A screen grab from a "Vesti" news program showing Mogilevich's detention.
A posse of about 50 armed police commandos detained Nekrasov and Ukrainian-born Mogilevich near the city's World Trade Center, the Interior Ministry said Friday.
The Ukrainian security service, the SBU, has investigated the purported involvement of Mogilevich with RosUkrEnergo, the controversial gas trader that acts as a middleman in Russian gas exports to Ukraine.
Mogilevich, 61, was using the name Sergei Shnaider when detained.
Mogilevich's lawyer, Alexander Pogonchenkov, confirmed in a Friday interview that his client was born in Ukraine as Semyon Mogilevich, but has changed his name to Sergei Shnaider.
The Ostankinsky District Court placed Mogilevich and Nekrasov under arrest on suspicion of large-scale tax fraud late Thursday, Moscow City Court spokeswoman Marina Malygina said.
Mogilevich, has been wanted by the FBI on racketeering, fraud and money-laundering charges since 2003. He is believed to have been living in Moscow for several years.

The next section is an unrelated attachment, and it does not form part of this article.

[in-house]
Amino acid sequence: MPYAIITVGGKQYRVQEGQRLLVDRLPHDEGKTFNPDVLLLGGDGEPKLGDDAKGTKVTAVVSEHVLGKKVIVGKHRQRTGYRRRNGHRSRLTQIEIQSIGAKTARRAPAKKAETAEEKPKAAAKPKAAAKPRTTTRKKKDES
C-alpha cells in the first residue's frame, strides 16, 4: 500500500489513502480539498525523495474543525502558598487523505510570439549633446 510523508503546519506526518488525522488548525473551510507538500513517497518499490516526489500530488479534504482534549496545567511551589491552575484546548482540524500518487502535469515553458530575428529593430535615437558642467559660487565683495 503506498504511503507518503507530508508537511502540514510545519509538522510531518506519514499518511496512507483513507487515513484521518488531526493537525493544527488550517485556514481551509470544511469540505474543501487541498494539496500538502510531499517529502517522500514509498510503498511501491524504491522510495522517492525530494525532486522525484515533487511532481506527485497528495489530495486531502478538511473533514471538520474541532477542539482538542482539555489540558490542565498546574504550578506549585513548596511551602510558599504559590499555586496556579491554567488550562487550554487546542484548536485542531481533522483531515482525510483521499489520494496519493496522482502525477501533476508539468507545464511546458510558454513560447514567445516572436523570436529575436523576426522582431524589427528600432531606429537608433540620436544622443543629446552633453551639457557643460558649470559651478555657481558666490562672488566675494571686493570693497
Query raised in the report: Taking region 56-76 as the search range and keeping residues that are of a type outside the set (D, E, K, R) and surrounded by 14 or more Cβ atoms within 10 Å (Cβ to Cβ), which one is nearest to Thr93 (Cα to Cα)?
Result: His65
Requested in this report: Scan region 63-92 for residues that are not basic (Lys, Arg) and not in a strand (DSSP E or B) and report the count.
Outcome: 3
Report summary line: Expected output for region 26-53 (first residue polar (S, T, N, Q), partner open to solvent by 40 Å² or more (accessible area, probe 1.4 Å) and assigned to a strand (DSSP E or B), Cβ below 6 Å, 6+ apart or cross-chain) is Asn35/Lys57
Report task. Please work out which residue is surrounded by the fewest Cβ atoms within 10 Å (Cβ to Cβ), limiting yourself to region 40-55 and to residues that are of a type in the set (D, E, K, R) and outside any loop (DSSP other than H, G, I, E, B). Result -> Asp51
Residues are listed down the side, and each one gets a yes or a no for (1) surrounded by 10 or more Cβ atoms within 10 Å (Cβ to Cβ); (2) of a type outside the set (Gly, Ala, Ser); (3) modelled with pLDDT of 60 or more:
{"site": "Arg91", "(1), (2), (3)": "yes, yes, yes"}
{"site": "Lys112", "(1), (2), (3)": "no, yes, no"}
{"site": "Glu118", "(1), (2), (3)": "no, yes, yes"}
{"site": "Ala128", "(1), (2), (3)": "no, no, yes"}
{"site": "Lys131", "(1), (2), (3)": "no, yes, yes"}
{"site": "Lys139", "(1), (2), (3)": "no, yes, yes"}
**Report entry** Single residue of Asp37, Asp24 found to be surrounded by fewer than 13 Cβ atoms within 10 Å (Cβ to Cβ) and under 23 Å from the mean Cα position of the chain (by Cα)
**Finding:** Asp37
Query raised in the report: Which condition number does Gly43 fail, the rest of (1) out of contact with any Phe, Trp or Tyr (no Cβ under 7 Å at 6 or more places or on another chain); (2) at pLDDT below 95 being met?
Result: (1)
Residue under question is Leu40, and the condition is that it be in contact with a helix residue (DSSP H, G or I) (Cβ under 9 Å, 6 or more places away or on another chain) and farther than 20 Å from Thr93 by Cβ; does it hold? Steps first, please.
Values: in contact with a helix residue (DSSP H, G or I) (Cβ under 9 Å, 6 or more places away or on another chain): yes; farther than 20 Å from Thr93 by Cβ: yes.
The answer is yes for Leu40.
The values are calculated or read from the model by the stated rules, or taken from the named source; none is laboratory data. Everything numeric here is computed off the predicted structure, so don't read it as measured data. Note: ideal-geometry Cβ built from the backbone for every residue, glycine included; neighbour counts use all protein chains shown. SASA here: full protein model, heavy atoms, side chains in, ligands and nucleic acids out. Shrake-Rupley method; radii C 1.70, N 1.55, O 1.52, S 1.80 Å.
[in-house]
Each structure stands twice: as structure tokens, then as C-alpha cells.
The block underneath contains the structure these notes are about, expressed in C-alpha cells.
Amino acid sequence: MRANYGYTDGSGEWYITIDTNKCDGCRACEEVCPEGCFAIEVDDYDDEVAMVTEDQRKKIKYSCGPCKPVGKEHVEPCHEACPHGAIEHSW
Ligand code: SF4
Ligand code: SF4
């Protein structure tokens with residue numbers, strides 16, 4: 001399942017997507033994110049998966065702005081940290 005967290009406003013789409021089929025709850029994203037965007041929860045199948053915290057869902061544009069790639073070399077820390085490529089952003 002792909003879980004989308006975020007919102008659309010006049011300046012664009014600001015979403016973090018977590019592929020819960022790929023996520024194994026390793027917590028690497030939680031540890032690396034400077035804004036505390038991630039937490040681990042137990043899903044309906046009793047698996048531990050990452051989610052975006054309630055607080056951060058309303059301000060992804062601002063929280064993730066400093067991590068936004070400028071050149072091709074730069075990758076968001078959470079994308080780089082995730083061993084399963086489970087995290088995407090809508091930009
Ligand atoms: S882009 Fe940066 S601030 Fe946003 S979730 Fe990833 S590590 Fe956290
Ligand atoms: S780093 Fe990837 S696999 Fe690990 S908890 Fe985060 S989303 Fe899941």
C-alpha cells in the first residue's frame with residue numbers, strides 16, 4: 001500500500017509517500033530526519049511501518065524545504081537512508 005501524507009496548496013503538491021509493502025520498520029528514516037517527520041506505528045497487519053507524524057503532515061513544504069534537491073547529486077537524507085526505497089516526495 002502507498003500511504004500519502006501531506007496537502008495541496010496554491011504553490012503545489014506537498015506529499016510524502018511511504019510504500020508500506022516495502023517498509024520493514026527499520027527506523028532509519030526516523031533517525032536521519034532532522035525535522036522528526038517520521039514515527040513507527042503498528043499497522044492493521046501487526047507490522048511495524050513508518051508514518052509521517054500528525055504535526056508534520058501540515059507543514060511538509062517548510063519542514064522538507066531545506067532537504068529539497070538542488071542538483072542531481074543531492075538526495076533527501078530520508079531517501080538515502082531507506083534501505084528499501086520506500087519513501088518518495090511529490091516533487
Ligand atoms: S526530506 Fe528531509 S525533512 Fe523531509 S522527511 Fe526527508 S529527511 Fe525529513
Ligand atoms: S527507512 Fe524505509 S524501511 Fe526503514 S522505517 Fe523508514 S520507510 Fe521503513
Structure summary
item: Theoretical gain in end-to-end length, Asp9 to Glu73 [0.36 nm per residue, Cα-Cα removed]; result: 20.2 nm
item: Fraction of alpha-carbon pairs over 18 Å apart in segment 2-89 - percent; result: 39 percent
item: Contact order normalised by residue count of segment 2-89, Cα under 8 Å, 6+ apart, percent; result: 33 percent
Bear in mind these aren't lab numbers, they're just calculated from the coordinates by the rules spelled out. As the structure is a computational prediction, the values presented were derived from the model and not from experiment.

State television showed footage Friday of Mogilevich as police held him and some bodyguards up against a car. It also showed footage of the seldom-photographed Mogilevich in custody wearing jeans, a leather jacket and a cap.
Both Pogonchenkov and Nekrasov's lawyer, Alexander Dobrovinsky, said they would appeal the arrests Monday.
Pogonchenkov said his client had no relation whatsoever to Arbat Prestige.
The two suspects "are not business partners, just good acquaintances," Pogonchenkov said.
The arrest of Mogilevich comes as newly appointed Ukrainian Prime Minister Yulia Tymoshenko is stepping up calls for and Ukraine to cut out RosUkrEnergo from its role as middleman in Russian gas exports.
The SBU in 2005 investigated the trader over possible ties to Mogilevich. The probe was dropped, however, following a change of leadership at the SBU.
Tymoshenko is scheduled to visit Moscow next month for talks with Russian officials, and is expected to push for the contract with RosUkrEnergo to be canceled, a December pricing agreement to be ditched and transit fees for Russian gas to be raised.
In Davos last week, however, President Viktor Yushchenko opposed calls for higher tariffs.
The Ukrainian investigation into RosUkrEnergo, during Tymoshenko's previous term as prime minister, was closed after she was fired by Yushchenko in September 2005.